A decade of cuts has left a £37 billion hole in our health and education services
New research reveals that the Tories have cut health and education spending by £37.3 billion since 2010.
The Department for Health and Social Care (DHSC) budget has only increased by an average of 1.5% a year since 2010/11 compared with an average of 3.3% increase that is widely acknowledged as required to keep spending in line with demand and performance at a standstill. This has left the NHS £23.5 billion worse off over the last decade.
Latest figures also show that since 2009/10 education spending across the UK has been cut by £13.8 billion.
While successive Tory governments have pushed our public services into crisis, Labour will increase the DHSC budget by an average of 4.3% in real terms over the course of the next Parliament, and invest an additional £25 billion in schools over three years compared to £14 billion promised by the Conservatives.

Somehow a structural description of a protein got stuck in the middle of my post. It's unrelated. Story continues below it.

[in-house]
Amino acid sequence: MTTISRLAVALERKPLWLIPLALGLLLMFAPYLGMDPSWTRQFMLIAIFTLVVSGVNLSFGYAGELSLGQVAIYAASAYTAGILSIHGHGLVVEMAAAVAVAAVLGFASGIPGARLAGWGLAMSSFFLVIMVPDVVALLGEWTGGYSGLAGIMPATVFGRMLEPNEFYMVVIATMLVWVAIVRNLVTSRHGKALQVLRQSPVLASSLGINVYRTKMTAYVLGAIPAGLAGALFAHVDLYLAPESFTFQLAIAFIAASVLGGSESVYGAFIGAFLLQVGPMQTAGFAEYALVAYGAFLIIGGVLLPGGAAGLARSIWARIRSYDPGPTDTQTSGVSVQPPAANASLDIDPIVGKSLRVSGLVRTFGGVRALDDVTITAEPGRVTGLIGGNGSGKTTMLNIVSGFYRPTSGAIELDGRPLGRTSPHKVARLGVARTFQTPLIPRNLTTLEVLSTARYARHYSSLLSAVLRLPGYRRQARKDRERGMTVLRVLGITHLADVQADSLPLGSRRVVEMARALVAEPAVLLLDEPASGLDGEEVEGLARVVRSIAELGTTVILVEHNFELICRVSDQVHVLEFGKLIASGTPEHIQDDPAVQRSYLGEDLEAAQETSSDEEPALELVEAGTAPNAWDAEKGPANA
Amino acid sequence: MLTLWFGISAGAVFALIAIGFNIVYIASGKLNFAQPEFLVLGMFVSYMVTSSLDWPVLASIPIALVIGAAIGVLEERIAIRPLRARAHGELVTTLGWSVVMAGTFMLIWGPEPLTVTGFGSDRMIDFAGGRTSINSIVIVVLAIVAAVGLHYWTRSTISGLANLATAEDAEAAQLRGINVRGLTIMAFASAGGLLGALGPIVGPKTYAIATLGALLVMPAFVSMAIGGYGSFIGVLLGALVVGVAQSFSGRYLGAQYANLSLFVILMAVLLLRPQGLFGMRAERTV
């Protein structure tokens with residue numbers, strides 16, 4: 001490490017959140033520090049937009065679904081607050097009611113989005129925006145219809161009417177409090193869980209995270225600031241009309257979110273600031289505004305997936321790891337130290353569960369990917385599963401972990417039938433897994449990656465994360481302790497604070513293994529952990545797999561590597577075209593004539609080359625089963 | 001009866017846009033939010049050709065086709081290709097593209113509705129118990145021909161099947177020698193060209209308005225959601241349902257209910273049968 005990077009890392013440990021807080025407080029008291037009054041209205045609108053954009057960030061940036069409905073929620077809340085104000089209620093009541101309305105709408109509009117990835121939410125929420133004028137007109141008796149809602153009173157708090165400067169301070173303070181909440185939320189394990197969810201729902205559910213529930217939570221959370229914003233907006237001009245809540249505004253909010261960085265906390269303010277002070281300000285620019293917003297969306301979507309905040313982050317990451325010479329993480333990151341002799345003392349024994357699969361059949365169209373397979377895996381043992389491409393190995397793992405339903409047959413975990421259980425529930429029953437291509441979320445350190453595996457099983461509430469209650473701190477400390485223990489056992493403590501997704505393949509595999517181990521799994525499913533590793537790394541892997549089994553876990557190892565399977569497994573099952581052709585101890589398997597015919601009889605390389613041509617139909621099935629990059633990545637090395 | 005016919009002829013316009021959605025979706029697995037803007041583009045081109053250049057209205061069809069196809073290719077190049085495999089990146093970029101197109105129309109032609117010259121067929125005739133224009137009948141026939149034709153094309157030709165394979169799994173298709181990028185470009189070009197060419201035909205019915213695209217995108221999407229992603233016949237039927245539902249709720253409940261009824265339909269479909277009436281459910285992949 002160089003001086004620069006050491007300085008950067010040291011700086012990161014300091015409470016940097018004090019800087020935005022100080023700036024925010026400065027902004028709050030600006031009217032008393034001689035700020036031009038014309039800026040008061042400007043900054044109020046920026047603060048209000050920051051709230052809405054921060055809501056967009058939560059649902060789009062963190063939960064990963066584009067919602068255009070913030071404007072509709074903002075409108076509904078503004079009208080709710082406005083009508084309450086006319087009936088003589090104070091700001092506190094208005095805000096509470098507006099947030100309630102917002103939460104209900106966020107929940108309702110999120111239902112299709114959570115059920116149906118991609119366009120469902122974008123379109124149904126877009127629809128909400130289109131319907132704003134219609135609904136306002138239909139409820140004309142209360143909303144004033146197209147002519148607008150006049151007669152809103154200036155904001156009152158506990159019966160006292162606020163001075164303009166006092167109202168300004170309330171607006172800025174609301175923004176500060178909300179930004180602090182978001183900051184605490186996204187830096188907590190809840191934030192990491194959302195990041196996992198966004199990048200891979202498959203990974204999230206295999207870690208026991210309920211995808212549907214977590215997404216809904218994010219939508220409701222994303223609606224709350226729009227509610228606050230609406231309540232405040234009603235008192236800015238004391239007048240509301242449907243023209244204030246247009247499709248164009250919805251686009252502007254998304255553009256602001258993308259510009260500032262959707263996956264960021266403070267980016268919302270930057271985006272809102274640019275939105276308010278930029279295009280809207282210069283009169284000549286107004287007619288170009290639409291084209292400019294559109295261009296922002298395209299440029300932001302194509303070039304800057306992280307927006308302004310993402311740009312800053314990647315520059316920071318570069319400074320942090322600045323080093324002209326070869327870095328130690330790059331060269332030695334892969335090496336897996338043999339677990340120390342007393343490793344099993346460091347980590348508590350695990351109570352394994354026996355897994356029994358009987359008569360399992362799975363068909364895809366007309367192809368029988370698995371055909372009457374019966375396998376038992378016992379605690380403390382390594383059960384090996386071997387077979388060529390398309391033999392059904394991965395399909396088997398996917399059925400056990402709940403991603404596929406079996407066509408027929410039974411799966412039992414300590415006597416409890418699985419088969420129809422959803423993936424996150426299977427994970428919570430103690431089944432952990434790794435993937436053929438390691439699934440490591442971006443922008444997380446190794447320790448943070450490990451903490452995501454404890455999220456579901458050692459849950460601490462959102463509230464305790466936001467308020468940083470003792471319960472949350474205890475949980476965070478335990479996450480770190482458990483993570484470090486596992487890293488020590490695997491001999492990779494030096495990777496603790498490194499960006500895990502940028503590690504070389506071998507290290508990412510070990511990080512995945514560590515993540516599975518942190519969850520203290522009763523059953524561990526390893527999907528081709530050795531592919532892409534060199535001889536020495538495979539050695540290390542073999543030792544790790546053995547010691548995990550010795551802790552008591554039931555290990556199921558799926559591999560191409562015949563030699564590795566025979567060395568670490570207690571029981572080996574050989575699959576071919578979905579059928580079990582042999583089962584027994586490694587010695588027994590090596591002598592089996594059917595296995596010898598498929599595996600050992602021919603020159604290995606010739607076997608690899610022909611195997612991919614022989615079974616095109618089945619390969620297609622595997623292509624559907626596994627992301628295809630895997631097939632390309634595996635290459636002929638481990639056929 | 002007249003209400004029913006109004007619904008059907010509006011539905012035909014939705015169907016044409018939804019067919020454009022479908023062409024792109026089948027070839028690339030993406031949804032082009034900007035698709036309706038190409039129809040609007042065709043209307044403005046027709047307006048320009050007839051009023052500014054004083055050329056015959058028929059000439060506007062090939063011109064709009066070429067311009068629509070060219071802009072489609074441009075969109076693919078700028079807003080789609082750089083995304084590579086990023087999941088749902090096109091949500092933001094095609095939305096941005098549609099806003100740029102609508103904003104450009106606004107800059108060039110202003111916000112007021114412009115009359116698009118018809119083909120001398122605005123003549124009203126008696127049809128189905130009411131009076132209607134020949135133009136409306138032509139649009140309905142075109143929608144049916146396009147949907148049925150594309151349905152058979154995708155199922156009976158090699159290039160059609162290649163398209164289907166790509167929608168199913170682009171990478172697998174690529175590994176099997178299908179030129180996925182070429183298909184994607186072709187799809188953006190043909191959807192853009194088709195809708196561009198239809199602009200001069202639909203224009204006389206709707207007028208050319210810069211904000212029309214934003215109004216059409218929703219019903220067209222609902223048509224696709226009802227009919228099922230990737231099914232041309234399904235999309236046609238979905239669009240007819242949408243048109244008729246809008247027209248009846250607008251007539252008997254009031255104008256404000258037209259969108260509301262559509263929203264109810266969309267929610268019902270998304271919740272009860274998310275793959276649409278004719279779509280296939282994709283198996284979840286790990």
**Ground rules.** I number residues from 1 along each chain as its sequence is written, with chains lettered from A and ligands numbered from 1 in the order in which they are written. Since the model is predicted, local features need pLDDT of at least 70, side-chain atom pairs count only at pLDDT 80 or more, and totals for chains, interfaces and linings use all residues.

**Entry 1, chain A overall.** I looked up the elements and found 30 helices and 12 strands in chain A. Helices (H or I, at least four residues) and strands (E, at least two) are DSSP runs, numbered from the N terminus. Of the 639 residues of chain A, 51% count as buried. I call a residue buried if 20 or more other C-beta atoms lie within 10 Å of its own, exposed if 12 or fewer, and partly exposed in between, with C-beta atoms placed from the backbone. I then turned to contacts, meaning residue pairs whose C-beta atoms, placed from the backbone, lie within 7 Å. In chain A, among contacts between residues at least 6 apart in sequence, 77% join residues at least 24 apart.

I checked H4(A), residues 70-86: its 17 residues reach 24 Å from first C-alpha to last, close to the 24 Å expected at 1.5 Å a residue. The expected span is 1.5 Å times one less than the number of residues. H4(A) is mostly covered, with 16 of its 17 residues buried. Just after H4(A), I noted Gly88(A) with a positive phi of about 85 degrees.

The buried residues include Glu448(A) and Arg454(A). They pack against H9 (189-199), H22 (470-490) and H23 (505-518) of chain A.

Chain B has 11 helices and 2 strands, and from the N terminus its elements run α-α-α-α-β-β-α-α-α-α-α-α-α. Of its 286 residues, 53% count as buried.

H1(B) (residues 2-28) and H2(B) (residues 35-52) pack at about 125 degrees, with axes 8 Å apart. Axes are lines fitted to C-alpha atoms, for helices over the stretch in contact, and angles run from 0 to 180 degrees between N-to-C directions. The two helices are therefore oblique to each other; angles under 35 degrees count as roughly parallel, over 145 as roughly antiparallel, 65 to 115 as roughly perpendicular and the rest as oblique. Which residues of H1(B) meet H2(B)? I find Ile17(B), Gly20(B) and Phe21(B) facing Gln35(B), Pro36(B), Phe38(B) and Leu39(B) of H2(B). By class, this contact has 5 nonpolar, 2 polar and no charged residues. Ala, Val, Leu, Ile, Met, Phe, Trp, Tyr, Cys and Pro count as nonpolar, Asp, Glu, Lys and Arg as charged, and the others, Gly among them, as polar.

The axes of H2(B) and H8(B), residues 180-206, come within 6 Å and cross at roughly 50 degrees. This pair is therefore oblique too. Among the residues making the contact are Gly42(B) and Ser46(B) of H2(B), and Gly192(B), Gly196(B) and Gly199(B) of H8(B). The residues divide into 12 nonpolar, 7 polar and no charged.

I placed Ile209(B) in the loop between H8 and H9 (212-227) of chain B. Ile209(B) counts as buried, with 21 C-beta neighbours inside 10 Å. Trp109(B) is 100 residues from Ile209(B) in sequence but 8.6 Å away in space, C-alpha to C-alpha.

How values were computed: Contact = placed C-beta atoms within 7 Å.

Andrew Gwynne, Labour’s National Campaign Co-ordinator, said:
“Britain’s education and health services are the cornerstones of our communities and a decade of brutal austerity has cut them to the bone, having a devastating effect on lives across the country.
“The Tories continue to lie about their future plans, misleading the public on their plans for hospitals, nurses and schools funding. The NHS is entering the worst winter crisis on record, there is a shortage of 43,000 nurses and four out of five schools are still going to be worse off next year.
“Labour will make our public services the best and most extensive in the world and deliver the real change we need.”